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Summary: Being a disciple of Christ means setting aside all personal ambitions and serving God's kingdom selflessly.

Each of us is claimed by God in our baptism, and we are called to serve God’s kingdom in a special way. This is what Martin Luther referred to as the “priesthood of all believers,” which means that though all of us might not make ministry our profession, each of us has a ministry to do. While I recognized God’s particular calling in my life when I was 15, my road to professional ministry began late in my college career. Two very important events happened that set me on the path that has brought me to this place.

I was student teaching, working with a middle school and high school band program in Greer, South Carolina, when one day after lunch my supervising teacher (the director of the middle school band) looked at me and said, “Clair, this is a tough job, and it takes complete dedication to do it well. Can you imagine yourself doing anything else with your life, because if you can, this isn’t the job for you?” And I could imagine myself doing something else. God was already working in my heart, directing me toward church ministry. Then, a few months later, after applying for Masters Programs in conducting at several schools, I got a letter from UTK, my first choice. I had been rejected. With the letter in hand and tears in my eyes, I walked into my next class, band rehearsal, with my mentor professor and conducting teacher getting prepared at the podium. I went to him, showed him the envelope, and then told him the news. Again, tears came to my eyes and I said, “Its okay.” At that point, my mentor gave me a big hug and said, “No, it’s not okay. It’s not okay.”

I share those two stories with you in order to say this; one of the things I realized in those moments was the way my life had been molded and shaped and impacted by many adults who had dedicated their lives to selfless ministry not only to me, but to many young adults. I started thinking back over my junior high, high school, and college years, remembering all the people who had made a difference in my life; three different mentors in college, my choir director from First United Methodist in Oak Ridge, my youth director, my private trombone instructor. And I realized that God was calling me to work, serve, and minister in such a way that I, too, could impact the lives of young people. First, that took me into the teaching profession, then into youth ministry, and now here. I’ll save that story for another time because this isn’t about me; it’s about the people who offered themselves in ministry to others.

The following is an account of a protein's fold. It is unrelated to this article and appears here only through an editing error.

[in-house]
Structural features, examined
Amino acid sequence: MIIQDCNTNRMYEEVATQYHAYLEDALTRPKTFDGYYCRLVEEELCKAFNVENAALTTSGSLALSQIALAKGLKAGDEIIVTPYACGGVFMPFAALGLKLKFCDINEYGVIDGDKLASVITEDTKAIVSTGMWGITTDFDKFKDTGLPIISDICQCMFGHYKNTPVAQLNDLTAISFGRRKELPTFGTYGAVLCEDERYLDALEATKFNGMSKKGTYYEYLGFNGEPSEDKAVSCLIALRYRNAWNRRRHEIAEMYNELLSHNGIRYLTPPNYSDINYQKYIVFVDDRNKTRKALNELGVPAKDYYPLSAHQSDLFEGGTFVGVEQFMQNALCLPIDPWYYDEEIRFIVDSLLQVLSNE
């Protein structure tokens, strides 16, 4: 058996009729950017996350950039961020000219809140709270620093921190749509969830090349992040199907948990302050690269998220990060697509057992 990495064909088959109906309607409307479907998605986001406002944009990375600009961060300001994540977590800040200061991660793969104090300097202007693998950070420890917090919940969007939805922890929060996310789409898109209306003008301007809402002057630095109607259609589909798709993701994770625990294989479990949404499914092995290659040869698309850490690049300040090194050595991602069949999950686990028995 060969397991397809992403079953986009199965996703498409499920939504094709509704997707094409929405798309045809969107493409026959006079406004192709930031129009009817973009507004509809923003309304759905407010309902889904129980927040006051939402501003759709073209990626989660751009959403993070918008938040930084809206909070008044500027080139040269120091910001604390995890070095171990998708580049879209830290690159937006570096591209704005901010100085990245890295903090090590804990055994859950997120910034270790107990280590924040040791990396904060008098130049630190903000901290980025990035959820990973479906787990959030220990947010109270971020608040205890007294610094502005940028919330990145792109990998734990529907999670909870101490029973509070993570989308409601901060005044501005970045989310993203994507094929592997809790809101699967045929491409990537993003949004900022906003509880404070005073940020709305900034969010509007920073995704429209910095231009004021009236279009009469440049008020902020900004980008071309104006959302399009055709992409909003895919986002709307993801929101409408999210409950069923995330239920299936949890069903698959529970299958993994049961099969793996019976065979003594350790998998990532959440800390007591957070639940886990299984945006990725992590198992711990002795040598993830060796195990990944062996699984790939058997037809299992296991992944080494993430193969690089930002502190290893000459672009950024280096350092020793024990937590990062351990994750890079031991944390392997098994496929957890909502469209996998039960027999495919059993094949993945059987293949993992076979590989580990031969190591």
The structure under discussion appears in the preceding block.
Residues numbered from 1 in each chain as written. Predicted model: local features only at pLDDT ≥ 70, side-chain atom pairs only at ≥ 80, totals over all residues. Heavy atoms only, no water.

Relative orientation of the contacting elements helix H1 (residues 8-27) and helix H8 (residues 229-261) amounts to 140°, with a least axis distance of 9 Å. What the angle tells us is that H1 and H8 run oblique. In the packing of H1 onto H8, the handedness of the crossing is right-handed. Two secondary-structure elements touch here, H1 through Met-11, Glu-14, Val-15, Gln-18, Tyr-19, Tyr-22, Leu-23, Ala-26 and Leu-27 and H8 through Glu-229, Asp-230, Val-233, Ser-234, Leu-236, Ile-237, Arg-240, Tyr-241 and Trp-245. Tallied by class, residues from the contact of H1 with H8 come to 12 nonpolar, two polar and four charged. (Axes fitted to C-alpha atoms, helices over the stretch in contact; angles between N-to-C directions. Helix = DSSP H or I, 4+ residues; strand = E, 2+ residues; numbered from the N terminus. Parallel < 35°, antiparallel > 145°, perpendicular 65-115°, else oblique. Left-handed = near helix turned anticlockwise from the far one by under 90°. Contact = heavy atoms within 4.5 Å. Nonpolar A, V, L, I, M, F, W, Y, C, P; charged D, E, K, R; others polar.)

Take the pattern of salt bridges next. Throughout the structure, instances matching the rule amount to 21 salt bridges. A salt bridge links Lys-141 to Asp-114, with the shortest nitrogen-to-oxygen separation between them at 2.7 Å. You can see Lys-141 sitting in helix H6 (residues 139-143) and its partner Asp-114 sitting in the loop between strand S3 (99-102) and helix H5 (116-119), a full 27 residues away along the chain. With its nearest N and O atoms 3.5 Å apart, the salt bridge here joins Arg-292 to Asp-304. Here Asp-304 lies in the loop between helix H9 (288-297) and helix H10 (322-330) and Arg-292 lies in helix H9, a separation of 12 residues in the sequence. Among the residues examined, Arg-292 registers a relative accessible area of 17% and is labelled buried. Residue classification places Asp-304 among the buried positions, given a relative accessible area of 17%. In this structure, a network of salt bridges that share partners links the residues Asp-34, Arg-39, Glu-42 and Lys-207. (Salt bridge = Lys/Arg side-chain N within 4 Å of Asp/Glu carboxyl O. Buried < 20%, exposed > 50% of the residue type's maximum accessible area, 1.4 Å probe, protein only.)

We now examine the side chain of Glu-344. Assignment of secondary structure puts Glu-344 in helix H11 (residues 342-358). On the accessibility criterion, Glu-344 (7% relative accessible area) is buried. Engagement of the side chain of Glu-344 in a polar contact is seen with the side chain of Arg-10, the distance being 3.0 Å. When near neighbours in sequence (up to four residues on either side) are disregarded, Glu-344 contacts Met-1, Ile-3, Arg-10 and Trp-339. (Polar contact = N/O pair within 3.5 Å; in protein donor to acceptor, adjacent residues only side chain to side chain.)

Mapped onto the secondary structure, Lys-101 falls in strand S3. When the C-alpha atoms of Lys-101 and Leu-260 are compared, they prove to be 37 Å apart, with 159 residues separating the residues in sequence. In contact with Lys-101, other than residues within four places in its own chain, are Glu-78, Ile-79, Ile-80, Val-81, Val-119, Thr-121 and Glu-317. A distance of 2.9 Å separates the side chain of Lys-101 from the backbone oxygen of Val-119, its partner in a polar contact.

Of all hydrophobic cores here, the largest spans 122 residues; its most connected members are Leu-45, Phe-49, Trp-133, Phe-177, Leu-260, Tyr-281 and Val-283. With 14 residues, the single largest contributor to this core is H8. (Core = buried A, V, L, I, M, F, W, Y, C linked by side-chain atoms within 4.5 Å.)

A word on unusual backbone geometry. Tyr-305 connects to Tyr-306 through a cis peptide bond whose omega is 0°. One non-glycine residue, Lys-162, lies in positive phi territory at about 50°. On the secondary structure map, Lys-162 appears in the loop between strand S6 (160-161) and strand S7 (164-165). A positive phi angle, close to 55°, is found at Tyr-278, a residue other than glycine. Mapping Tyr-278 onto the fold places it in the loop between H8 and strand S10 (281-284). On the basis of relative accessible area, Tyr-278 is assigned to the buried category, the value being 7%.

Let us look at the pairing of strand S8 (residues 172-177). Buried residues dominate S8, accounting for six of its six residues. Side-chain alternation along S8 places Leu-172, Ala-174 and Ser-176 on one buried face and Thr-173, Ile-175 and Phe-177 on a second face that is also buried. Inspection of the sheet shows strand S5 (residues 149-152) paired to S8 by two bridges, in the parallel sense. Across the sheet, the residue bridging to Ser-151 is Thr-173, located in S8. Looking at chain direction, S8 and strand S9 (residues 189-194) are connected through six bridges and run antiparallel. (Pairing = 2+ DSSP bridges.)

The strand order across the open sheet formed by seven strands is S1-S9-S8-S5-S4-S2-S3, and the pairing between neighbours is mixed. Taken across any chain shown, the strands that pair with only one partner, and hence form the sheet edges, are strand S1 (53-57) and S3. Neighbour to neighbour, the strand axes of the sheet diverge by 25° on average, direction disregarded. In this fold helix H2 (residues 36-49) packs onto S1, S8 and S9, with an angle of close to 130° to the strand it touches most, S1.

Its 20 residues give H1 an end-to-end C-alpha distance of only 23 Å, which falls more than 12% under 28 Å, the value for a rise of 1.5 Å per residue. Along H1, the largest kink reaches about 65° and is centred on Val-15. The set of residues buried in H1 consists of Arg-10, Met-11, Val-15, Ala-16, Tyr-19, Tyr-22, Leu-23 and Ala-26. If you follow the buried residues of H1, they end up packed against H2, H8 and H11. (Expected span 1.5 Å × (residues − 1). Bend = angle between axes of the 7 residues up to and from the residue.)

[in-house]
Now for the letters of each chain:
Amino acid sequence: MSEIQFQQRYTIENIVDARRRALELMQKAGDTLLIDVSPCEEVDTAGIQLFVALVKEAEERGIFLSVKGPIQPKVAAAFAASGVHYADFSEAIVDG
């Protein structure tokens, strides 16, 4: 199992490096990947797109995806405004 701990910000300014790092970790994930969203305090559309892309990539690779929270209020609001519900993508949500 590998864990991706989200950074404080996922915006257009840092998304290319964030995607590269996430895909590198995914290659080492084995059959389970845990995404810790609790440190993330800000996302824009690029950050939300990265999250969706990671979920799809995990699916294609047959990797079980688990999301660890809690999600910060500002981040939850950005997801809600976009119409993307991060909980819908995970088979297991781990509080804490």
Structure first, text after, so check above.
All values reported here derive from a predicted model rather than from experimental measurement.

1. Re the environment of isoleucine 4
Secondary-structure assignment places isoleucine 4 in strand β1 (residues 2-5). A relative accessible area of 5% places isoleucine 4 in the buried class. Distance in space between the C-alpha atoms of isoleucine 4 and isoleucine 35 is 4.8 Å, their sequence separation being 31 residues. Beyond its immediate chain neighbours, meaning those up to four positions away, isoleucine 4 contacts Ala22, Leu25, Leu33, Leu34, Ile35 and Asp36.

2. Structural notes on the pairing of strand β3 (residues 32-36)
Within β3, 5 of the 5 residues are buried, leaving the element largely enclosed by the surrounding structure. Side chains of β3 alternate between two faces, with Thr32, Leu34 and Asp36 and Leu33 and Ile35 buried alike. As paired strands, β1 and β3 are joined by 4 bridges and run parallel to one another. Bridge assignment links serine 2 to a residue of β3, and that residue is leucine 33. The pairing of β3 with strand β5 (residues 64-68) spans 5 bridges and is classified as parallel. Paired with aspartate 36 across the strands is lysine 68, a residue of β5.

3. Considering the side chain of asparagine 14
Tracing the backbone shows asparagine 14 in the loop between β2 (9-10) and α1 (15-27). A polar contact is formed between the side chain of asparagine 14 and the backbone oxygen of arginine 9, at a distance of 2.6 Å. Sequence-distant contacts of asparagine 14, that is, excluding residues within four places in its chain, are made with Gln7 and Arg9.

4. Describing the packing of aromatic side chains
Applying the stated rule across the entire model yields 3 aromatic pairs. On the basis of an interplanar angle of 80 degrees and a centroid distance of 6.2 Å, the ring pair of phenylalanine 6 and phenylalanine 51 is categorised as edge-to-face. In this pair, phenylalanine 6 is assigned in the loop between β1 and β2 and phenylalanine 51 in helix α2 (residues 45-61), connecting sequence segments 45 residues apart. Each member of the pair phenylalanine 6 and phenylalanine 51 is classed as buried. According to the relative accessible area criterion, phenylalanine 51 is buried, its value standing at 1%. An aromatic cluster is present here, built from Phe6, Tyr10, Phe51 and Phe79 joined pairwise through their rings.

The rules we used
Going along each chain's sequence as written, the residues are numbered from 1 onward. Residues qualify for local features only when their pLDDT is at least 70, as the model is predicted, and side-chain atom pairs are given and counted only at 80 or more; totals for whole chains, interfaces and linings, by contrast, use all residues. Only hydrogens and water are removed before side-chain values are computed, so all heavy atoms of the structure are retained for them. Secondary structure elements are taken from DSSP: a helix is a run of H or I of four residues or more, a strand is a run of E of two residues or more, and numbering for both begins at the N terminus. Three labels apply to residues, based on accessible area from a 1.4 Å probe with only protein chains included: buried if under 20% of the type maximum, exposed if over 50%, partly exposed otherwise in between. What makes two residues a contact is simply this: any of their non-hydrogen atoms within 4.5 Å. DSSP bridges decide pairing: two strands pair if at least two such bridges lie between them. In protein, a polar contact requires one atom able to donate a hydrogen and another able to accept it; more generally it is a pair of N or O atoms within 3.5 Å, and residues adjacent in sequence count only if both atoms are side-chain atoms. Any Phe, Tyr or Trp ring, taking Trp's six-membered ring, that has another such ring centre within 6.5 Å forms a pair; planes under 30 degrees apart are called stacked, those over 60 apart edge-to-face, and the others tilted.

Last Sunday as we sat in a Leadership Team meeting in the Fellowship Hall, Thomas, looking at the plaque of the people who served on the building committee for the Fellowship Wing shared how those people had touched his life as he grew up in this church. And I understand exactly what he was conveying. The truth of the matter is, we all can, because each of us has been touched, molded, shaped, and cared for by certain people who in various, but particular ways have made an investment of themselves for our sakes; which brings us to the reading from Luke’s gospel this morning, what is known as the parable of the rich fool.

Obviously, the primary focus of this parable is money and earthly treasure, and there is an important message here about what it means to steward the resources God has given us. But what I want to focus on this morning is not so much the problem of wealth, but instead the problem of self-centeredness that drives us to distraction and a primary focus on earthly matters. See, when we are working with the sole purpose of building bigger barns and accumulating greater wealth that means we are only concerned with ourselves. And when our personal concerns are primary in our lives, then our role as disciples of the Kingdom takes second place. But as we were reminded in Jesus’ teaching earlier in the service, “All who want to come after me must say no to themselves [deny themselves]….” At its core, this parable is not about investments and dividends, it is about distractions, the things that keep us from doing the work we need to do as Christ’s disciples.

I don’t think there is any question that the pursuit of material gain can easily deter us from God’s course for our lives. But have you ever thought about what it can mean to be so distracted that we get off course in our discipleship? Or have you ever given consideration to other ways we are distracted from our ministry for God’s kingdom? Of course, the obvious problem of not investing our lives in the way God has called us to do, is that we don’t impact other people’s lives for the sake of Christ’s kingdom. If my mentors, and teachers, and music directors hadn’t gone “above and beyond” to do more for me than just teaching or directing, I wouldn’t be where I am today. If Alex Gamble, and Elbert Long, and the Prices, and the DeFrieses, hadn’t invested their time and energy in this church decades ago, many of us wouldn’t be sitting here (or even in any other church) today. Do you see this? When we get distracted, when we become concerned only with ourselves and our own personal gain, God’s whole kingdom and many who are a part of it suffer.

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